Turning up the volume

Prompted by the difficulties of pointing students towards literature on the housing development sector and process, I’ve been thinking of doing some work on the volume house builders.  Of course there’s been a lot of government interest and work on the housing supply question from lots of perspectives – land supply, skills, planning etc.  However, there’s been limited sector analysis.  My colleague at Reading, Michael Ball has probably done the most work in this area in his work in 2010 for the DCLG. It may be getting dated but it’s a great starting place for anyone trying to understand the production process for new housing.  Sarah Payne at the University of Sheffield has done some more recent research on the issues faced by the housebuilding sector in terms of their perceptions of what’s stopping them building more houses more quickly.  Even more recently, there’s been a report by the wordily and worthily titled All Party Parliamentary Group for Excellence in the Built Environment that, among other things, takes a critical looks at the quality of the product produced by the house building sector.   Amongst lots of other issues, it finds an interesting positive correlation between the number of houses constructed and the number of complaints suggesting skills bottlenecks when supply rises.  The consumer focussed Brand New Home’s website is passionate about the quality of new homes being produced by the sector and provides a lot of good information and insights into the nature of the development process.    Its New Homes blog has some excoriating analysis and comment.  Persimmon emerged particularly badly from it.  All good stuff.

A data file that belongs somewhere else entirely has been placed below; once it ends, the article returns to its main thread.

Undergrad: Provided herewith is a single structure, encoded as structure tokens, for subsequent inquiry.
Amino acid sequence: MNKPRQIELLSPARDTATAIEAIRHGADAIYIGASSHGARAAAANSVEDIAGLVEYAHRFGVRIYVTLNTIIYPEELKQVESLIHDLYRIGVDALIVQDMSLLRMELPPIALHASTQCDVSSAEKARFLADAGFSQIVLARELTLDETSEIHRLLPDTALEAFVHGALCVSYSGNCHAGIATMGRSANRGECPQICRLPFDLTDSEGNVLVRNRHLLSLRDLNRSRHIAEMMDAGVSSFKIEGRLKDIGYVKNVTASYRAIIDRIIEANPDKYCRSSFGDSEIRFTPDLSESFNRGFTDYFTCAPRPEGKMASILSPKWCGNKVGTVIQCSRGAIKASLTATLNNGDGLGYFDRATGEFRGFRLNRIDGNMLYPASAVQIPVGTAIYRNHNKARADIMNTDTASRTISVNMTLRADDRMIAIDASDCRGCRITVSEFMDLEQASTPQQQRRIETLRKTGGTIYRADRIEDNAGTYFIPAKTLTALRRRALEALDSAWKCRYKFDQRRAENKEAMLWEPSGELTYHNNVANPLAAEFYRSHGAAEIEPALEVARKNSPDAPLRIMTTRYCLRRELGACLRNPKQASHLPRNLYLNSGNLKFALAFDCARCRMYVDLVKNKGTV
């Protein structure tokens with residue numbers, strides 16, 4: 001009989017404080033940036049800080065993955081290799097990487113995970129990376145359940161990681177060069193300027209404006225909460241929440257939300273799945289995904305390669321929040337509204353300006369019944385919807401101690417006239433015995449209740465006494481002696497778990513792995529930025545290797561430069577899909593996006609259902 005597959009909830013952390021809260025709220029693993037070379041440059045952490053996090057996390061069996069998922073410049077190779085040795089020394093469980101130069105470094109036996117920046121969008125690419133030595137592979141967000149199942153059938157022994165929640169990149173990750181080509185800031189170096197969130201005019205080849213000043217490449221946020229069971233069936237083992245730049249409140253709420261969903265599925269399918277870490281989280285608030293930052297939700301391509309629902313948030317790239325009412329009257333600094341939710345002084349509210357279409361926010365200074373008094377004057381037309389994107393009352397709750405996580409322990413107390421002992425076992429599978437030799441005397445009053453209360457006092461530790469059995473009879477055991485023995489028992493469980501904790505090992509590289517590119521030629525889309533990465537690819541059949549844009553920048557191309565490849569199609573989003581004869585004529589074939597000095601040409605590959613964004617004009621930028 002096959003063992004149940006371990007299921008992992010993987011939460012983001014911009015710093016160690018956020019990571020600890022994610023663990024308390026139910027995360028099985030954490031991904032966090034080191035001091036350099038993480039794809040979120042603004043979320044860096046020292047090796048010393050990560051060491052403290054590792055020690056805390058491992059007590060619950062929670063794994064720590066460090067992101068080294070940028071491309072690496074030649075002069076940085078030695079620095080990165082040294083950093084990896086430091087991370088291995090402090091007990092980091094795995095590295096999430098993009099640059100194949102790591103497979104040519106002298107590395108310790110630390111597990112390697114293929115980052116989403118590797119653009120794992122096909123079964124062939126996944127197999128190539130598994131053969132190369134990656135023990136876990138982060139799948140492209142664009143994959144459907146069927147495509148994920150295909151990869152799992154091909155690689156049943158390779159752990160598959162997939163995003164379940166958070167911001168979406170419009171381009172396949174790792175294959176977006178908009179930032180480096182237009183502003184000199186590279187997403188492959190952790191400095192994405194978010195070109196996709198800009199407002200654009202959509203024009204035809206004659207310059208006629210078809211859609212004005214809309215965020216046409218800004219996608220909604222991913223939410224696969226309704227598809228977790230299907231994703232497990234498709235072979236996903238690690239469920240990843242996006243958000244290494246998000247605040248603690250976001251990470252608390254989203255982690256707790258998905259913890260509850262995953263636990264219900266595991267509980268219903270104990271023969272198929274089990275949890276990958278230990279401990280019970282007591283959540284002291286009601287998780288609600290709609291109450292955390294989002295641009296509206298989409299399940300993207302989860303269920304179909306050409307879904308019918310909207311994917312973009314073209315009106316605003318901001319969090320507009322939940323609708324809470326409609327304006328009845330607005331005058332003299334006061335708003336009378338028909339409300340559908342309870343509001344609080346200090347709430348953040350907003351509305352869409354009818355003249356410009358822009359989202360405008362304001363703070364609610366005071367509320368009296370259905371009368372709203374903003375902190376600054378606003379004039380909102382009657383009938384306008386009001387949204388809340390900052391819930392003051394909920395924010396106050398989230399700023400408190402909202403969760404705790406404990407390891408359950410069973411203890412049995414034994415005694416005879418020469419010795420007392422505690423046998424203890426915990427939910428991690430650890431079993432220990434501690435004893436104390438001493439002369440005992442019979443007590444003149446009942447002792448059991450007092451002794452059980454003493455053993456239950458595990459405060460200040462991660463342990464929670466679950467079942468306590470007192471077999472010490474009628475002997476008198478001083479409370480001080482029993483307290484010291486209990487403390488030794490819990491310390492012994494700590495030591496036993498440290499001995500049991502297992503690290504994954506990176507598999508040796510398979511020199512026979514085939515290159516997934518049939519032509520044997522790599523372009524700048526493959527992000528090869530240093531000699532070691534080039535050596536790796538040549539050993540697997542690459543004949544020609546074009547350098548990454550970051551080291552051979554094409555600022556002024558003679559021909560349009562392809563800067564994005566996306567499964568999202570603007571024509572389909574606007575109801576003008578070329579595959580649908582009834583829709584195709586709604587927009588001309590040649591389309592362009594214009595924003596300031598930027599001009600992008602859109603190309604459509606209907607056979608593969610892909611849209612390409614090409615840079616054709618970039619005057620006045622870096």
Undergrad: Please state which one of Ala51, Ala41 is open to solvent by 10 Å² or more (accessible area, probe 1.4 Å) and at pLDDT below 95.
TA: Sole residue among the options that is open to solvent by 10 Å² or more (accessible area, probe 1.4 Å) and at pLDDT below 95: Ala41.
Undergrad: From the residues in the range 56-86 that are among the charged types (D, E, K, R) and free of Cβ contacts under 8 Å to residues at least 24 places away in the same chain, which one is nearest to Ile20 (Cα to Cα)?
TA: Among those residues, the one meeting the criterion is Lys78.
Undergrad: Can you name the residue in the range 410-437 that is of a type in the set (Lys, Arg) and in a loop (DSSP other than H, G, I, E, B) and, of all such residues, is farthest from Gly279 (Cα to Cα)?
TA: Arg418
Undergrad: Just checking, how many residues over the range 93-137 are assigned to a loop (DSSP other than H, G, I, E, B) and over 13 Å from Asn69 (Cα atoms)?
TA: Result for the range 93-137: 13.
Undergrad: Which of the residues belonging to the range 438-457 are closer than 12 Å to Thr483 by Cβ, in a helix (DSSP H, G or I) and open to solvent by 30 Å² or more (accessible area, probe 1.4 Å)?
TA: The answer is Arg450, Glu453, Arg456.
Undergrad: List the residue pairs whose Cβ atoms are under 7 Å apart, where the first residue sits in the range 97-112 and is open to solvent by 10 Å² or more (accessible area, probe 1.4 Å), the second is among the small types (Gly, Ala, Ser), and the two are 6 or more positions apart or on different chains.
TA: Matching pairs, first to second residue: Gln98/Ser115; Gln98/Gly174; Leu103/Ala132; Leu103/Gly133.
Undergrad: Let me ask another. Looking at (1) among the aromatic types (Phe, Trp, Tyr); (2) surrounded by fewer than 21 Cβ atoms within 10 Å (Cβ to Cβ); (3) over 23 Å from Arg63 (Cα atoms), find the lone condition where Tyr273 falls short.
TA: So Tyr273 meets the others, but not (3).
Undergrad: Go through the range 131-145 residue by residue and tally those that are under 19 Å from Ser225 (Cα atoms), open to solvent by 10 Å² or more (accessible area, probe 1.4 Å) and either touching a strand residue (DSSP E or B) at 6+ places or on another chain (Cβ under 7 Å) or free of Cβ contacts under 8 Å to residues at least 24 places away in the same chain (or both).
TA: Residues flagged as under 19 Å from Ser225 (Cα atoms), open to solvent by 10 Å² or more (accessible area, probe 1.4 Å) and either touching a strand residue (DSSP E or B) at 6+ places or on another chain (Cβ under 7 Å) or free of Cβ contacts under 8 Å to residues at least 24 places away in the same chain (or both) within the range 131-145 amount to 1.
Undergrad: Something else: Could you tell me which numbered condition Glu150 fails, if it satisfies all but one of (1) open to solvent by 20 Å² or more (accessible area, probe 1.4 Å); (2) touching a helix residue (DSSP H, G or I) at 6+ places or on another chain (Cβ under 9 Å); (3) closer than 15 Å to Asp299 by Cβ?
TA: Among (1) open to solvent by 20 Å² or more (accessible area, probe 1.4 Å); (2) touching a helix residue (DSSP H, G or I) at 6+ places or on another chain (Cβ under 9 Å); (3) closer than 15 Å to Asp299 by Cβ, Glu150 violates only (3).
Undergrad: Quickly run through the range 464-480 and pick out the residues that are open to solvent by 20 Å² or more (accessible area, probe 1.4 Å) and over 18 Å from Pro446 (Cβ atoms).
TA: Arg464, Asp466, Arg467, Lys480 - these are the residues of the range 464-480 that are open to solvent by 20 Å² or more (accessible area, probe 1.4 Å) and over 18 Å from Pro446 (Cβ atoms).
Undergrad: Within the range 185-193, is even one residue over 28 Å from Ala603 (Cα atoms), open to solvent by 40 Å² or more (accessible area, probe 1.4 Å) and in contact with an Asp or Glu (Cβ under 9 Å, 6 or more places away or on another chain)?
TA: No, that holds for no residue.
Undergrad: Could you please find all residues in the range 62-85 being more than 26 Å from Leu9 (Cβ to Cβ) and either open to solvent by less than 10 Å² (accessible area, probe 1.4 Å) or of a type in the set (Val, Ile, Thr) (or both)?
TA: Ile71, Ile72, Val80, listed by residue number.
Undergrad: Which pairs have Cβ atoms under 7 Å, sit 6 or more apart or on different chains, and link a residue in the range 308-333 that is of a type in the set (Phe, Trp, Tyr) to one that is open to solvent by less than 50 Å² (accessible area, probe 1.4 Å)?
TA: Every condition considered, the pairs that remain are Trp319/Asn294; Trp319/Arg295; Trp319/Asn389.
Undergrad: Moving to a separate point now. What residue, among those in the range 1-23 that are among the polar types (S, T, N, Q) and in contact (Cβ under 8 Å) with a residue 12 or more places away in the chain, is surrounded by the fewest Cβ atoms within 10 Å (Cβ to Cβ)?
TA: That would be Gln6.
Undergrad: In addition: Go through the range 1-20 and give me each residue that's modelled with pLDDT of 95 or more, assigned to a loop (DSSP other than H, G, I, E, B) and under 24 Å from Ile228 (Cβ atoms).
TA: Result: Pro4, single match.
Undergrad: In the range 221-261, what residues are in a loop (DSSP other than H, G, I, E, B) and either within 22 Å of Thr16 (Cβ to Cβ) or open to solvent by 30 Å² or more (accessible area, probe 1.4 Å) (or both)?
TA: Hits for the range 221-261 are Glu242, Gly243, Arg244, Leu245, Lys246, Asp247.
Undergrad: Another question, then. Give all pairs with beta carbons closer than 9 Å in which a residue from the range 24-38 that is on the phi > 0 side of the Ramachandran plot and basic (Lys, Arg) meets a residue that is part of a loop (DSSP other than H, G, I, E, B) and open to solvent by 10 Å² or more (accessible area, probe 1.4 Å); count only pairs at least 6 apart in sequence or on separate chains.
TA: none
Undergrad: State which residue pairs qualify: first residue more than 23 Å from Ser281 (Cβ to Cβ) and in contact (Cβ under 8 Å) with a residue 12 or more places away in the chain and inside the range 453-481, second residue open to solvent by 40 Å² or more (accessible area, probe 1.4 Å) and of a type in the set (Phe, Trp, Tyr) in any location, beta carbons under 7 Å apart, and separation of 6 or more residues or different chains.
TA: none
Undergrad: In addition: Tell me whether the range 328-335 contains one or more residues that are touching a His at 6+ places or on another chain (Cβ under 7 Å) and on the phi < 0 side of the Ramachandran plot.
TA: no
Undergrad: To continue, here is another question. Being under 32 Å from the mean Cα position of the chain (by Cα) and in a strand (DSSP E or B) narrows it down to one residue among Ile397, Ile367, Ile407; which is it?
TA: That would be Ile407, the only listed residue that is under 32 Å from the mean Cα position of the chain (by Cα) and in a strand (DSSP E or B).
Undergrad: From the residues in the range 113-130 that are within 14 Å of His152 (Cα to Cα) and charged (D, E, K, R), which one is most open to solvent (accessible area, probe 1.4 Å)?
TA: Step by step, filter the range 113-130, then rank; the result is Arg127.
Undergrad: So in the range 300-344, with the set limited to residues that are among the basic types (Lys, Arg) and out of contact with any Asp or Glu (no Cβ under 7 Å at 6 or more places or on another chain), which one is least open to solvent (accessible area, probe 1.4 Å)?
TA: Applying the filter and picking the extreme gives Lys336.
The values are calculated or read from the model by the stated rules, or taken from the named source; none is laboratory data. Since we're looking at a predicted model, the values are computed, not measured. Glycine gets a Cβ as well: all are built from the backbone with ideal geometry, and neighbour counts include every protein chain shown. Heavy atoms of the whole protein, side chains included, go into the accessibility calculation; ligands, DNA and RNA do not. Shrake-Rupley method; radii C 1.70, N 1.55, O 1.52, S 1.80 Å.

Currently, I’d like to know more about the house building sector as an asset class.  How does its performance compare to commercial developers?  Is its performance highly correlated with any other sectors?  Is its performance closely linked to real estate services firms such as Rightmove?  How much of their enterprise value lies in the house building business relative to their land investment business?  I suspect a lot of this type of analysis is being done by City analysts.  I’d certainly like to know more.    


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